What is your preferred Reverse Transcriptase? - (Sep/28/2012 )
I just want to know what RT enzymes people use around the world in the lab. I will be very happy if you could share it here and explain the reason why you prefer this enzyme to other enzymes out there.
I normally use Fermentas' Premium RT, and I just recently managed to synthesize a 12 kb cDNA from a viral RNA. I think it's really amazing, although I had to optimize my PCR to get that band. I mean the percentage of the template cDNA in my PCR reaction (22%) was more than the recommended amount (10%). This way I don't have have to amplify shorter fragments and run Overlap PCR to fuse them together.
I hear that many people in the US use Superscript III. Why do you think it's better?
For common RT (human RNA for RT-PCR) we used AMV RT from... em, dunno Fermentas? But seems they even going to discontinue it.
Since we're doing real-time, we transcribe all RNA with Transcriptor First Strand cDNA Kit from Roche. Because.. it's suited for qPCR (RNAse H activity), it's a complete kit with primers and everything and we use Roche mixes and machine. Nowadays we seldom do normal RT, and if we do, we use Transcriptor as well, because we're lazy and probably we don't even have all the components for the AMV protocol anyway.
There is some Superscript in the freezer, so someone was using it, it's said that it has unprecedented yield and specificity, but I think due to reduced RNase activity it leaves RNA-cDNA duplexes, which are unprefered for qPCR.
I thought so, Fermentas and Roche must be working well in Eastern Europe. I'm just looking for an RT that can give me a long cDNA, because most RTs can only synthesize short fragments.
I used to be a Roche supplier btw
I would say the length of produced cDNA will also depend much on the primers used. Oligo dT gives you whole single mRNA strand, but if your RNA is fragmented, the percentage of 5' end will be very low (and for viral template RNA not suitable). High concentration of random hexamers will cause many transcritpion starts so high cDNA yield, but shorter products.
I think there will be different RTs ideal for different tasks. Some people want mRNA only, some people want high yield but don't care about shorter fragments, some people want linear transcription along the whole RNA population.. there probably isn't an universal one.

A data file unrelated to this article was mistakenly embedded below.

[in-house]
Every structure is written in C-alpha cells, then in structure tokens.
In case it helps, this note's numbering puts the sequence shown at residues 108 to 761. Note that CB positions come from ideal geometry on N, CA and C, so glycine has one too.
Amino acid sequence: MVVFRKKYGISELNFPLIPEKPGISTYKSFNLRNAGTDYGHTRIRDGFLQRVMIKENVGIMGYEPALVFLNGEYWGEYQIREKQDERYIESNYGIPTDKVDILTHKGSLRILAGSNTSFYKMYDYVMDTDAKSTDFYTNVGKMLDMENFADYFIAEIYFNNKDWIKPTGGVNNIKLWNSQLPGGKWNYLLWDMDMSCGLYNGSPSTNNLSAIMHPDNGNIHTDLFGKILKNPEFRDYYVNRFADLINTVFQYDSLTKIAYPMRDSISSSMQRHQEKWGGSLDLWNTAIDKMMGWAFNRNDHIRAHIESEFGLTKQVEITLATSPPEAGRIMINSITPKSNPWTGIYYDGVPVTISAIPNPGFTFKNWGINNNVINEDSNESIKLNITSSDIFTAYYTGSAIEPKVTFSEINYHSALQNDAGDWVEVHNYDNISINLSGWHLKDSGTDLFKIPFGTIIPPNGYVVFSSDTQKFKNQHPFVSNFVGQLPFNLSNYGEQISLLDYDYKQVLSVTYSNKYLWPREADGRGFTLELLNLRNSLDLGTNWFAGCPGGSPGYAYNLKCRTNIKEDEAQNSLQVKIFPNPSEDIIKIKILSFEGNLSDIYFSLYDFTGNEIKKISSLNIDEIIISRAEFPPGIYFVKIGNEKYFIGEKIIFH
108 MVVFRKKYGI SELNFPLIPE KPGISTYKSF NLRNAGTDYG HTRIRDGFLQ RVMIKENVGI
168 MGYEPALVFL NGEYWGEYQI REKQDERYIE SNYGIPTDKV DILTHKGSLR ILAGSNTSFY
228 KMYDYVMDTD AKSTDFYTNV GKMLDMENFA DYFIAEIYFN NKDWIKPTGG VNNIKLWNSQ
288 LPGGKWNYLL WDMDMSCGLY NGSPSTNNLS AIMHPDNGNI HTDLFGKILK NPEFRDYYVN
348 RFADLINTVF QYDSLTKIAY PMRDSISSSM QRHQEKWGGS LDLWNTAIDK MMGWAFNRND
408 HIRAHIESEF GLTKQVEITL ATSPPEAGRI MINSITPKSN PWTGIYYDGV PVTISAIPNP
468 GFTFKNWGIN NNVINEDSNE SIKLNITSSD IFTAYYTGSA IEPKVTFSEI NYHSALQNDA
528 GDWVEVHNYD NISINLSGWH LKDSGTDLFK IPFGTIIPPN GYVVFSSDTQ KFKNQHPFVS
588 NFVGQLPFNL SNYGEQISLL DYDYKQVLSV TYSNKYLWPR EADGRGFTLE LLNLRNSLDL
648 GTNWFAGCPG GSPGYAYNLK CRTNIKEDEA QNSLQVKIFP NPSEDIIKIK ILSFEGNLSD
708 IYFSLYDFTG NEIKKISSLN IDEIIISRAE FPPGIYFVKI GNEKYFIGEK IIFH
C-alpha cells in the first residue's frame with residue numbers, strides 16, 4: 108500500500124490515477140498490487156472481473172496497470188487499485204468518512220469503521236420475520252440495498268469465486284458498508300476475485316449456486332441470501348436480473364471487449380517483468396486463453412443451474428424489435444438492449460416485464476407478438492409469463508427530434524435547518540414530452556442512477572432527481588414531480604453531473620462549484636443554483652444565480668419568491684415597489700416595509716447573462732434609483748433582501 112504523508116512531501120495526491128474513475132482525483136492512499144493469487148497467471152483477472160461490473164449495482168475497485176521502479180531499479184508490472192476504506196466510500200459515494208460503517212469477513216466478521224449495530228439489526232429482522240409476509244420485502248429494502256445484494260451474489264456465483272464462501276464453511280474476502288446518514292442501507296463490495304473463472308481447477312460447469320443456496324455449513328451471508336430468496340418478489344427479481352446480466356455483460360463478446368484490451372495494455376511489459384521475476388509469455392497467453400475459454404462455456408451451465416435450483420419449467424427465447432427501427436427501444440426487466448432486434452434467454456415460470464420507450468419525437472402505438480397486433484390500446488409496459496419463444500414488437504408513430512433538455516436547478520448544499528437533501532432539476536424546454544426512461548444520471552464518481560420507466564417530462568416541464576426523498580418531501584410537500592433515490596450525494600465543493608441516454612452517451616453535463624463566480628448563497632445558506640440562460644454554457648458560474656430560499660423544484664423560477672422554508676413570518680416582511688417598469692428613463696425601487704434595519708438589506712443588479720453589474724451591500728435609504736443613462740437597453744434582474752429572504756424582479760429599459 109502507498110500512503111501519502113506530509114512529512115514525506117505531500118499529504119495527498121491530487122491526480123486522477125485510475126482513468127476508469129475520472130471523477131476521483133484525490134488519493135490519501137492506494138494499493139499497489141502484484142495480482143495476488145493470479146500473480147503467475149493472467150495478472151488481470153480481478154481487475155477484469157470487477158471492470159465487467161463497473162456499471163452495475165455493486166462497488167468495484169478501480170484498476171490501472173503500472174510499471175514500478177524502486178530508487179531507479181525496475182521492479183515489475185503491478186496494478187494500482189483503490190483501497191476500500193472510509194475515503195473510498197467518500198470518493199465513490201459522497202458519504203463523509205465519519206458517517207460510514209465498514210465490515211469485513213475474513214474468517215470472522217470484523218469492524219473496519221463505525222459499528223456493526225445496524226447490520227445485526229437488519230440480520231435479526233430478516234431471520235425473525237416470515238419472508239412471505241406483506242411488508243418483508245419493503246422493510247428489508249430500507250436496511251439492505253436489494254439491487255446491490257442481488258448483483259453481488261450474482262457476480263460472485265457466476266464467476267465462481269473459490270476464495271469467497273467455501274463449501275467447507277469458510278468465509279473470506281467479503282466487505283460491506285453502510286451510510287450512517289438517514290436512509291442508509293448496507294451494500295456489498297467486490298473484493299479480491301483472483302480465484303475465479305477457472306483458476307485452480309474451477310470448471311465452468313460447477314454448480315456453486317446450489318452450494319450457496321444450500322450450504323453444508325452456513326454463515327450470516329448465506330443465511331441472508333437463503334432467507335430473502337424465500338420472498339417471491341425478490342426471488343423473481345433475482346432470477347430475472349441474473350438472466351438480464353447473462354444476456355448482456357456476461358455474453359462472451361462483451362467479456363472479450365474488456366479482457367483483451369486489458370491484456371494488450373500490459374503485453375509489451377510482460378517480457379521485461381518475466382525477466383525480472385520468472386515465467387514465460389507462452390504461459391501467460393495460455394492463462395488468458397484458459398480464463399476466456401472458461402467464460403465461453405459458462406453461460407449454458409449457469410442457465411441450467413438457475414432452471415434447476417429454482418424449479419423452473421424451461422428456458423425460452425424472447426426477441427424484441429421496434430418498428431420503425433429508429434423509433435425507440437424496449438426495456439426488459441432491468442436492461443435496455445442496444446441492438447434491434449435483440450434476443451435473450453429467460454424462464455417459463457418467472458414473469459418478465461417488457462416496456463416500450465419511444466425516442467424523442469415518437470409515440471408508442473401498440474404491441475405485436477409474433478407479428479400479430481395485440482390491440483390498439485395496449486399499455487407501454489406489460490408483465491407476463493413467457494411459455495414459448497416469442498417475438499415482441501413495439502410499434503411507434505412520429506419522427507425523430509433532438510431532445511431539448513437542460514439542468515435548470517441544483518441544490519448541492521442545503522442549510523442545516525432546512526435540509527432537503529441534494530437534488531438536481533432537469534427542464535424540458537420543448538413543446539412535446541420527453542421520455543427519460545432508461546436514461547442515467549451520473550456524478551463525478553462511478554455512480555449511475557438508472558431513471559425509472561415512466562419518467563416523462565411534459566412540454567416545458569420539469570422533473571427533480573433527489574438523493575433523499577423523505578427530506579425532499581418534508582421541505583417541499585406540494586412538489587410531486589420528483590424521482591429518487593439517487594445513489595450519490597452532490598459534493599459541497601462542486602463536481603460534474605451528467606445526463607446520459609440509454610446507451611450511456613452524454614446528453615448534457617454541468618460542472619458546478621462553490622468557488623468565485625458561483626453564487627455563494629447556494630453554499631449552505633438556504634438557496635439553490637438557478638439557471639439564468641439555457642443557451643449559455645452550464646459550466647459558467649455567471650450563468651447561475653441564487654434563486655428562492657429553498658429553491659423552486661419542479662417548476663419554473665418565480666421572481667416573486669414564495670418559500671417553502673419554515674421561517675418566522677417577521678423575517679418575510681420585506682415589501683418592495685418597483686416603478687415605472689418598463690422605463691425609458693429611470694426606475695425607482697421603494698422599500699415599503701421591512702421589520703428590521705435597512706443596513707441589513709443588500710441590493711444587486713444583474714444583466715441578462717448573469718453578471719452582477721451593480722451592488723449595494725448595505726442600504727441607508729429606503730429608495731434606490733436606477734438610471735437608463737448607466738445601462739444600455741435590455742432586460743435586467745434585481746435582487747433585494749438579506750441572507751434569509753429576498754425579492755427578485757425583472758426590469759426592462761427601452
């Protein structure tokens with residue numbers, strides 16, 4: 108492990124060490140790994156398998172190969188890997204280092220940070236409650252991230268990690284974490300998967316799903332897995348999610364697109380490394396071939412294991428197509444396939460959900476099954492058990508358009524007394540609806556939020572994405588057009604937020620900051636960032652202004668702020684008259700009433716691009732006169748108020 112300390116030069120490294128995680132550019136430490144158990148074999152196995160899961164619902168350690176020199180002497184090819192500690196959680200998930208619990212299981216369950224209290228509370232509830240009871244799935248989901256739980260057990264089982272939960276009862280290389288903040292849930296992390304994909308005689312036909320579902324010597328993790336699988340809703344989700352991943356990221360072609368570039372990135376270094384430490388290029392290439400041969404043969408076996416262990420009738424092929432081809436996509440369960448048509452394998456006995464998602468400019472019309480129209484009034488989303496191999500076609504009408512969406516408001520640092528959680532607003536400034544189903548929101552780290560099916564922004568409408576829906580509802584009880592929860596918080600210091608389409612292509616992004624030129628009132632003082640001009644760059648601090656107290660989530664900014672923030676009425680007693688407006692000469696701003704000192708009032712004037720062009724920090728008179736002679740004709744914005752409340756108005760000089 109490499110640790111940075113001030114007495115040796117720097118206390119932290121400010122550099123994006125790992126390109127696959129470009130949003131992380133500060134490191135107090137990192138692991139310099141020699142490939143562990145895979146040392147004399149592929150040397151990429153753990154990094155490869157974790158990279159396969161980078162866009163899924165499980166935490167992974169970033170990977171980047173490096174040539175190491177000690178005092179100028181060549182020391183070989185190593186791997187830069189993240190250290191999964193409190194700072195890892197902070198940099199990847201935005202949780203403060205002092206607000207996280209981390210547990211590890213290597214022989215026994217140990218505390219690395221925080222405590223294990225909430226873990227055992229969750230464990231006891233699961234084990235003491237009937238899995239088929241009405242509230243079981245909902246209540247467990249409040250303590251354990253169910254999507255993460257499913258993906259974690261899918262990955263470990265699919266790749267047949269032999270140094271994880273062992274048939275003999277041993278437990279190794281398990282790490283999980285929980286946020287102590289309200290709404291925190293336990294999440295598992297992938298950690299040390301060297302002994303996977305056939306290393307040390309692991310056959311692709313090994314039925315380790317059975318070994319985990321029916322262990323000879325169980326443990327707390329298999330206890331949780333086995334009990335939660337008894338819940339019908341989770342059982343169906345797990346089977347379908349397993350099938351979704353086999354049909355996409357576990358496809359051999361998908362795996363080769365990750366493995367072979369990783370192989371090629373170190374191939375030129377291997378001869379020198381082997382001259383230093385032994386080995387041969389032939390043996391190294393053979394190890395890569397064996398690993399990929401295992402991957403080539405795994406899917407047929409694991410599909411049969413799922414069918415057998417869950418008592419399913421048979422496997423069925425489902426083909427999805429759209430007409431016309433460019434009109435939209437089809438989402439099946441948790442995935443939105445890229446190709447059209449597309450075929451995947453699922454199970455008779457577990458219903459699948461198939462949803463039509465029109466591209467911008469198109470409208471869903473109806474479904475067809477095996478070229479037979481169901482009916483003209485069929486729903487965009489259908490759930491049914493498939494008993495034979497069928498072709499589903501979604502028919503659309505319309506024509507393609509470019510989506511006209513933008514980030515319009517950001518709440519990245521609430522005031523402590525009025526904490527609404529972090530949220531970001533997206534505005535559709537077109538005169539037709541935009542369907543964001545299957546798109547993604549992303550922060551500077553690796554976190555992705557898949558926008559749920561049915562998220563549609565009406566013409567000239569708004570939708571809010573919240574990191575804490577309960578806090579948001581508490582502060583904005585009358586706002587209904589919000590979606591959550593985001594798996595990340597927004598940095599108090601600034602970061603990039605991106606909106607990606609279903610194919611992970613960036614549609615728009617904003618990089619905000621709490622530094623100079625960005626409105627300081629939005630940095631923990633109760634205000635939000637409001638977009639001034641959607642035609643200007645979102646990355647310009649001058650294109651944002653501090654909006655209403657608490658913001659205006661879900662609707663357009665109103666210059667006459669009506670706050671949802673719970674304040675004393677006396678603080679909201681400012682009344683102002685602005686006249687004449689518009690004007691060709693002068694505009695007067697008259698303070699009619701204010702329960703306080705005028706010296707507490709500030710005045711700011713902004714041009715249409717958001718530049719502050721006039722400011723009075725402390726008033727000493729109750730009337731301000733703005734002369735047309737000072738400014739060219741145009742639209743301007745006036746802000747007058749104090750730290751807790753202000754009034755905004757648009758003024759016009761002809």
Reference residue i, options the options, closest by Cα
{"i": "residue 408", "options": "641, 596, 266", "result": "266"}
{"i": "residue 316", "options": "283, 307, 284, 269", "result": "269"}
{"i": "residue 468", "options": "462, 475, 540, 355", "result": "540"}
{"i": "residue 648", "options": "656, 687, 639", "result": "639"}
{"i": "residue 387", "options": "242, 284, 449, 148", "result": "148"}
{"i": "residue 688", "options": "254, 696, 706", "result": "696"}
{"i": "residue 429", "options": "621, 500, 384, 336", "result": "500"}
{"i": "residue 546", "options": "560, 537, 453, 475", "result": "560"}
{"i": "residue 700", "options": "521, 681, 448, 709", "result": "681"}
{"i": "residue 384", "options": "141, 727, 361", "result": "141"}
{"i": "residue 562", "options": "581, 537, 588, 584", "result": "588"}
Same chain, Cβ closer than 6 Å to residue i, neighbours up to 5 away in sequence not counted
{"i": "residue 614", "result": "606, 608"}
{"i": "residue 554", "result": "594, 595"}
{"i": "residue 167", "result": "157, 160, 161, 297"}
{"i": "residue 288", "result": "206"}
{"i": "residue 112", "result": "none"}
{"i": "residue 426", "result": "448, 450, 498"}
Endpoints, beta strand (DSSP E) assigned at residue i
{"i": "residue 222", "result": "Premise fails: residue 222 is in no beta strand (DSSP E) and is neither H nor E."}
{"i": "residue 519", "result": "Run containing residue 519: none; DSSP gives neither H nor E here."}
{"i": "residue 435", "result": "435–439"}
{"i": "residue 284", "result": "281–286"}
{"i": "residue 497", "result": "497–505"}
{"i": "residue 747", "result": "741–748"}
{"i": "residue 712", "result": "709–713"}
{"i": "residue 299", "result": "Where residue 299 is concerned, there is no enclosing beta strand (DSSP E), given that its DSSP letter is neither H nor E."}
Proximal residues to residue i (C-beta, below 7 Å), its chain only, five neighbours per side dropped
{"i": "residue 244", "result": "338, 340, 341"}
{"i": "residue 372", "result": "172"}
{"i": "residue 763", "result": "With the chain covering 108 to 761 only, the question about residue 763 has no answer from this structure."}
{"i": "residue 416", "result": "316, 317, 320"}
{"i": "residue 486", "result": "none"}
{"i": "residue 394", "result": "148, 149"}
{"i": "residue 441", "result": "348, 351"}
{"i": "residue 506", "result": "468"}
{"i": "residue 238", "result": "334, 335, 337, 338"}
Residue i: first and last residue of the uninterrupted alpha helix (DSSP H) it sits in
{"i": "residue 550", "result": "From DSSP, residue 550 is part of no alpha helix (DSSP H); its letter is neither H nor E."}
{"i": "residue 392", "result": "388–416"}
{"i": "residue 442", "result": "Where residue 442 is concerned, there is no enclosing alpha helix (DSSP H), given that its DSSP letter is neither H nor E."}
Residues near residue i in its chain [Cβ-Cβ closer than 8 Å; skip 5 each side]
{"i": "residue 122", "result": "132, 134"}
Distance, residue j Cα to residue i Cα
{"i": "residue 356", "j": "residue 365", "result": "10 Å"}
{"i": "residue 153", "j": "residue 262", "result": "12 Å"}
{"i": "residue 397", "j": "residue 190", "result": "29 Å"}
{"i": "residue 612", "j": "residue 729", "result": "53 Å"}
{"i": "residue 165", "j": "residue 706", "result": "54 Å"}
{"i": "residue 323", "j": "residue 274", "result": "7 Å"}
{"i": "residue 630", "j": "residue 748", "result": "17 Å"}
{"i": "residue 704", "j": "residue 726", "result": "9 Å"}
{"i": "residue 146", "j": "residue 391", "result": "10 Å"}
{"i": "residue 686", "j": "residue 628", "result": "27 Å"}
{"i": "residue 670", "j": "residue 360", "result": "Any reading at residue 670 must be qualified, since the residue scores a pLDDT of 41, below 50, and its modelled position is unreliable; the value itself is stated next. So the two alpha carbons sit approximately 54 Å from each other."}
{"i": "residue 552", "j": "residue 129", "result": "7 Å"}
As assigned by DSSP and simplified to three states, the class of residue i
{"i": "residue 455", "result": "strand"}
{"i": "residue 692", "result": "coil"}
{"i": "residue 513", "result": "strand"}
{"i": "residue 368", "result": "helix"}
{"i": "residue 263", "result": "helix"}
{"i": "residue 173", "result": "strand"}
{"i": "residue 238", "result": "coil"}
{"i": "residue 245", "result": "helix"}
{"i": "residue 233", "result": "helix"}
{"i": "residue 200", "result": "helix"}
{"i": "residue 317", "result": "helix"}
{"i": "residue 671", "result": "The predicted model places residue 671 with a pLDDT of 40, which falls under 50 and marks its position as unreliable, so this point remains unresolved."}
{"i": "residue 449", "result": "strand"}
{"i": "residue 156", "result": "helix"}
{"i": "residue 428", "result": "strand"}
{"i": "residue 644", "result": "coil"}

(Roche representatives (at least ours) are very agile in helping whenever I encounter a problem or need a solution. Also the company as whole, at least in our region is very flexible, you're choosing cycler, they will borrow you demo machine, you need this, you ask, it could be done, they could arrange. In contrast with very rigid organisation of fromer ABI, this was very refreshing, anything unusual you wanted from ABI, it was a problem, the representative was trying his best, but he couldn't do anything, we wanted to test (borrow) their new cycler, but there were some administrative troubles and everyting, they only had the older model and paperwork took months. Well, so finally we were trying LC480 and bought it. And since in our experience it gives best results with Roche mixes, we buy from them as well. ABI guy was desperately trying to sell me their mastermixes at least for several years afterwards, but when the price is similar and you get slightly better results from the company that have mixes suited for your cycler, and you have the other components working together and if anything you can ask the company what's wrong, since everything is from them.. well you see the advantage.)
I cannot use Oligo dT. My virus has a single-stranded negative-sense RNA genome. that's why it's difficult to synthesize cDNA with it. I designed several GSPs to create different sizes of cDNA. But you are right, I noticed when I use more GSP I can get sharper PCR bands.
I know the history of all those real-time PCR machines. I sold many LightCycler machines in my region when it was very popular. LightCycler actually is a patented product from Idaho Technologies, but Roche bought the right to sell it. ABI used to be popular but it's dying now. I still think the most accurate qPCR machine is LightCycler 2.0, because it was capillary based, but at the same time the capillaries were a disadvantage because of their high price. Currently Corbet's Rotorgene 6000 HRM is the best machine....although Roche's 480 is the best high-throughput among them all.